Looking at things around us through a microscope can reveal a whole new world. It can change our perspective about a leaf or a piece of rock or a puddle of muddy water.
Often microscopes are bulky and expensive. Now imagine a small, easy-to-use microscope that one could carry around in their pockets.
The foldscope is a really simple, inexpensive, but powerful microscope. It was designed by Manu Prakash (a professor at Stanford University, USA) and Jim Cybulski (his PhD student at the time). Unlike conventional microscopes, the Foldscope:
- is constructed with paper, magnets, and glass. This makes it small enough to fit into a pocket, sturdy enough for easy and rough use by school and college students, and handy enough to not need electricity or any additional resource. This makes it ideal for observations on the go.
- is inexpensive, costing around Rs. 350/piece in the Indian market.
- has a magnification of 140x (which means that the size of the image we see is 140 times the actual size of the object we are looking at) and a resolution of 2 microns (which means that we can use it to discern features as small as 0.002 mm).
- can be attached to a smartphone to take photos and videos of magnified objects, and can be used to project magnified images on a surface with just a bright light.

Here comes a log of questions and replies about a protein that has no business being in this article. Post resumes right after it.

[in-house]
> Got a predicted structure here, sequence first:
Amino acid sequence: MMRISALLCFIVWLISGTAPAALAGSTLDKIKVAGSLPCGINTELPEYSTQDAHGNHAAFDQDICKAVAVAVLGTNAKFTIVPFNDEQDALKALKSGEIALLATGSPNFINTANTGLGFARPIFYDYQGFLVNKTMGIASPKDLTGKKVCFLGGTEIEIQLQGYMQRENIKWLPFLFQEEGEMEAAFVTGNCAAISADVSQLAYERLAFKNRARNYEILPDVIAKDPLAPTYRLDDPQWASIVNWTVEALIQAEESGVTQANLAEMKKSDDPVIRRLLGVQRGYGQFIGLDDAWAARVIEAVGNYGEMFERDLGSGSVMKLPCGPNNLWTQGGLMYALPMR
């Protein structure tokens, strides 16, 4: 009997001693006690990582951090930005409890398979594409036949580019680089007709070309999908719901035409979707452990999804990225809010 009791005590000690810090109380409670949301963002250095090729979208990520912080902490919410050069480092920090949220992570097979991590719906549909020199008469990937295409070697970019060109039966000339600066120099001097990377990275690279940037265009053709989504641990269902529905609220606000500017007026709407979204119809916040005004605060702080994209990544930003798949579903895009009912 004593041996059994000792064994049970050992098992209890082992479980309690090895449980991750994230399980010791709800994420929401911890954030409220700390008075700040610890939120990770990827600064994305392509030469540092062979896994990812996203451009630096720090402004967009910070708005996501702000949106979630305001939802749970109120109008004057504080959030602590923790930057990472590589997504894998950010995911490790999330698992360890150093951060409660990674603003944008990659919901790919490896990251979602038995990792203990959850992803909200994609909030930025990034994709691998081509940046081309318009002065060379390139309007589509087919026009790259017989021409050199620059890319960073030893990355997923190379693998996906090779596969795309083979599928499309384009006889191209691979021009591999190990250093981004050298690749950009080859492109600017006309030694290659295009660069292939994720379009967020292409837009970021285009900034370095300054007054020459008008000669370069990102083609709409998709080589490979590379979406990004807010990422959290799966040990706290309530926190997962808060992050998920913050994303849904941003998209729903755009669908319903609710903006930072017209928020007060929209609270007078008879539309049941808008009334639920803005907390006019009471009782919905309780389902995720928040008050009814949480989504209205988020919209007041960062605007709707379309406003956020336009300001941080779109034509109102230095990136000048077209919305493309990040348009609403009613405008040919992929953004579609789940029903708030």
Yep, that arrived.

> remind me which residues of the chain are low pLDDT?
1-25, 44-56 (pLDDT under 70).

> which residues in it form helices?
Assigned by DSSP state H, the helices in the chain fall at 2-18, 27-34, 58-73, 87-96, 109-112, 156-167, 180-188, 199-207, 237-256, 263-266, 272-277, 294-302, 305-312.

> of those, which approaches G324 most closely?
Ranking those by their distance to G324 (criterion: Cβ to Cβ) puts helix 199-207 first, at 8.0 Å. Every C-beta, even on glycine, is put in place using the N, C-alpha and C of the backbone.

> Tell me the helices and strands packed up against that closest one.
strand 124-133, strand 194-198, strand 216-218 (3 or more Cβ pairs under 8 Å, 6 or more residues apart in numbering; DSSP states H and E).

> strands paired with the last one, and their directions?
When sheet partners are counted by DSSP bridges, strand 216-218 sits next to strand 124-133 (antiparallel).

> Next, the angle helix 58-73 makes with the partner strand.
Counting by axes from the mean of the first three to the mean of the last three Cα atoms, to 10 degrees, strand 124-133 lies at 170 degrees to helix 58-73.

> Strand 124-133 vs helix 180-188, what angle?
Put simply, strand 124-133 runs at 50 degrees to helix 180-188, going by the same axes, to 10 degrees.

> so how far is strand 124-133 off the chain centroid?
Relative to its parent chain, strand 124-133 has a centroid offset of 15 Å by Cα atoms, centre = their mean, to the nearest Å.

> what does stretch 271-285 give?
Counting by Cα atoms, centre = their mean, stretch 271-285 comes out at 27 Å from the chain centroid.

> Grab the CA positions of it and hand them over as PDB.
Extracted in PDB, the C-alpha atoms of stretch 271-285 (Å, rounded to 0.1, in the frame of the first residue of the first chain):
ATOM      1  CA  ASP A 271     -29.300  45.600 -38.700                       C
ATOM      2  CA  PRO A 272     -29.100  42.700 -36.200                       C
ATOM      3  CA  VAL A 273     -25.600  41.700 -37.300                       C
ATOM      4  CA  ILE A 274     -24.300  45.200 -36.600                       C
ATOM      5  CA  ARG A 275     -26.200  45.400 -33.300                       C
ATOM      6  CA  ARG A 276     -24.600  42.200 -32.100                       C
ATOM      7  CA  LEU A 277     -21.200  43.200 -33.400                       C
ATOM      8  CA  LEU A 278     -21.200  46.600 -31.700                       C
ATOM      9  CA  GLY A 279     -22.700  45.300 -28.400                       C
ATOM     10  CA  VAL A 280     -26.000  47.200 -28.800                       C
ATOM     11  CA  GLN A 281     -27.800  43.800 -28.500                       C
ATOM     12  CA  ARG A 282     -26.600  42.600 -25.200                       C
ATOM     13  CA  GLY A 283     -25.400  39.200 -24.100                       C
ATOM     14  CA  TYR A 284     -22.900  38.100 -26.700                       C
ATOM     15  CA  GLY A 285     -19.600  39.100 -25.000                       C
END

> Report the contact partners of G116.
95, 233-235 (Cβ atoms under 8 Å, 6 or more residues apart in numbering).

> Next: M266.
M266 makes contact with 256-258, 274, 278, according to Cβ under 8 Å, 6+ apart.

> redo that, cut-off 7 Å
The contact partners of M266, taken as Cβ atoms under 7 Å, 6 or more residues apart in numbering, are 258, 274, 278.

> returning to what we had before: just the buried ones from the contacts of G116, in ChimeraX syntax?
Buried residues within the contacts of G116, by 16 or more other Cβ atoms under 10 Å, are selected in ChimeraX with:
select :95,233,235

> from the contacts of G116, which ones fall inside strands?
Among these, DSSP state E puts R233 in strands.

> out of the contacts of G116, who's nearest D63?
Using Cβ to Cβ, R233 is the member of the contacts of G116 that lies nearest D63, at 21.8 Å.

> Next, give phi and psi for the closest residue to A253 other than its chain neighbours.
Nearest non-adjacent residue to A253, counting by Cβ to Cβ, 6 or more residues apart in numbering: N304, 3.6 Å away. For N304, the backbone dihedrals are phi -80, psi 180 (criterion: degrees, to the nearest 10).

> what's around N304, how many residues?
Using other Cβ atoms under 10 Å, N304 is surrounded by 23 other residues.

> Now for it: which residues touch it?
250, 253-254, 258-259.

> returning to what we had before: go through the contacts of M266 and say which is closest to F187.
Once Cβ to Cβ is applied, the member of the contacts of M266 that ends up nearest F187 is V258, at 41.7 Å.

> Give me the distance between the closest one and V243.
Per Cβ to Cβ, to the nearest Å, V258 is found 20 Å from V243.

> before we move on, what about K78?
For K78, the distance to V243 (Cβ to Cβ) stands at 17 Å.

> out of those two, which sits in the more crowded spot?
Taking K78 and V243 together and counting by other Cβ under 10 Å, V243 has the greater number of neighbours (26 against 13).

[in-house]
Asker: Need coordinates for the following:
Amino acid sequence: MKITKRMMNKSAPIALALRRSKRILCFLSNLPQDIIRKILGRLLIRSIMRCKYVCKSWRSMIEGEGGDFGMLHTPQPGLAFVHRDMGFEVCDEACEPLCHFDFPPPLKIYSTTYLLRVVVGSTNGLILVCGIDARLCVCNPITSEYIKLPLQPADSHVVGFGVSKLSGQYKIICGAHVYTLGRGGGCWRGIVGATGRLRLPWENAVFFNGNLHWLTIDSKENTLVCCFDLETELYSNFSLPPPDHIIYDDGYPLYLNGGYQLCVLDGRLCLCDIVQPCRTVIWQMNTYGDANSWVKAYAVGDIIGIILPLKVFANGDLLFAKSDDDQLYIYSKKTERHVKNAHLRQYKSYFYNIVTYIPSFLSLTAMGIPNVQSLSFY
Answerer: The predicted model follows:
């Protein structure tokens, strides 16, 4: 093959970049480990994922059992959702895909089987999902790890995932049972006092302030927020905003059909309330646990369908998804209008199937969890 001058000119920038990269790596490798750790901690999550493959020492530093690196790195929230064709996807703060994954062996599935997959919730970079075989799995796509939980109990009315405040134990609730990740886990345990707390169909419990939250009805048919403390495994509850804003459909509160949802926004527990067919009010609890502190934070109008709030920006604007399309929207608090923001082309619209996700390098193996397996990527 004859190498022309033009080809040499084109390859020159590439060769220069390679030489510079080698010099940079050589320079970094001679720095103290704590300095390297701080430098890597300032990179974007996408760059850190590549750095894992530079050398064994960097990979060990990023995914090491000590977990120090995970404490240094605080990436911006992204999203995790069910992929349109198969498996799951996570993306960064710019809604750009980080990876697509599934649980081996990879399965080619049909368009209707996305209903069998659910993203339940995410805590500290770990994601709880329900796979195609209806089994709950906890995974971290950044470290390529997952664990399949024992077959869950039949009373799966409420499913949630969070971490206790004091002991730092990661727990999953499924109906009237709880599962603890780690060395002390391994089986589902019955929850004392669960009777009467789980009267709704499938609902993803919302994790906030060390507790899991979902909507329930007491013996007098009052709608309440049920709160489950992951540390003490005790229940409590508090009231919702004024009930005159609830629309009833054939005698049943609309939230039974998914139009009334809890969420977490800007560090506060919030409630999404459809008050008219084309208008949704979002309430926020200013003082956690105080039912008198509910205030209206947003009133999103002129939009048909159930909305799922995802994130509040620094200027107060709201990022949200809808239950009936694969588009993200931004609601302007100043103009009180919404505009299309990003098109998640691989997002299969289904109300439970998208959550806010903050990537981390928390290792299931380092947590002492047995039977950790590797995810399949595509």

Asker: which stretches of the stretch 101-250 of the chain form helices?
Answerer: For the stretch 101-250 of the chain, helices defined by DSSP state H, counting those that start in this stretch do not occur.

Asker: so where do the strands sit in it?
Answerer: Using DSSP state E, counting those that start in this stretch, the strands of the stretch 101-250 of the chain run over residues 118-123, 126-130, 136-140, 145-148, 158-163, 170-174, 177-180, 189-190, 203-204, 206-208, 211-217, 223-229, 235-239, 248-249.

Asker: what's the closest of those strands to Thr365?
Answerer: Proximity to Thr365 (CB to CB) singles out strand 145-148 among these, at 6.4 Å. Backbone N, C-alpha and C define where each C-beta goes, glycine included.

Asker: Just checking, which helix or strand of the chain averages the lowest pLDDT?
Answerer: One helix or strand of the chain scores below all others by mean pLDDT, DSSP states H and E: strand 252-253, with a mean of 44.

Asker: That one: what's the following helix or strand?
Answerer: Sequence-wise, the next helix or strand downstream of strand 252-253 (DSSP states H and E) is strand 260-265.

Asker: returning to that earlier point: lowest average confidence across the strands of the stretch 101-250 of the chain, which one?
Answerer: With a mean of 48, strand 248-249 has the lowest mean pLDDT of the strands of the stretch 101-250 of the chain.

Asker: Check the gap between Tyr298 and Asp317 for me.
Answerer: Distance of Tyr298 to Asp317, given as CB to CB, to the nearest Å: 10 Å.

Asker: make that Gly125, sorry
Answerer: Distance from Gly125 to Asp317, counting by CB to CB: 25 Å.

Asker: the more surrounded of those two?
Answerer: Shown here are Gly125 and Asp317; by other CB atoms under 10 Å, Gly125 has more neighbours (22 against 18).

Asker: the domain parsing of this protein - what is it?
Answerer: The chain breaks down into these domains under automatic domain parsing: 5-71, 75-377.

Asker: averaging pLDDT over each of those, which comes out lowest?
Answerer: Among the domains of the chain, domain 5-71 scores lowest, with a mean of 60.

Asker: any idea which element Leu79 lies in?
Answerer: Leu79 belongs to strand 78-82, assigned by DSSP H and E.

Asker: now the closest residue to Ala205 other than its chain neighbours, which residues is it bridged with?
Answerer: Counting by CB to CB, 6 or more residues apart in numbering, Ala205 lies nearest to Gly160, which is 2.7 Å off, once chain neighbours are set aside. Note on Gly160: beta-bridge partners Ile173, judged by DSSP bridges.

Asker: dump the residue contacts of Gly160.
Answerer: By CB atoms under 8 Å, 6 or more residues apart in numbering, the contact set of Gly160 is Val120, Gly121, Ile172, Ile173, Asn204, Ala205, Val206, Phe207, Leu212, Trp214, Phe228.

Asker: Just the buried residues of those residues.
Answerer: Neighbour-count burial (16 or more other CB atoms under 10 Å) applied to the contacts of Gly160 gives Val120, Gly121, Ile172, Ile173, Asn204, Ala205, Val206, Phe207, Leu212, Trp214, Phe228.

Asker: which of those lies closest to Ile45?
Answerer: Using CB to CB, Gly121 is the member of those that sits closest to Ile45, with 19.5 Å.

These features make the foldscope particularly well-suited for exercises aimed at encouraging children to explore their immediate surroundings.
What things could be observed? What questions would emerge? What can one learn?
Join us in exploring these questions with Rafikh Shaikh and Radha Gopalan.
Rafikh Rashid Shaikh is passionate about understanding how children learn. He is a senior research coordinator at the Tata Institute of Social Sciences (TISS), Mumbai and a doctoral student at the Homi Bhabha Centre for Science Education (HBCSE), Mumbai, India. He is also a recipient of the Foldscope Fellowship for his science popularisation work.
Rafikh can be contacted at email@example.com
The discussion is in English and Hindi.
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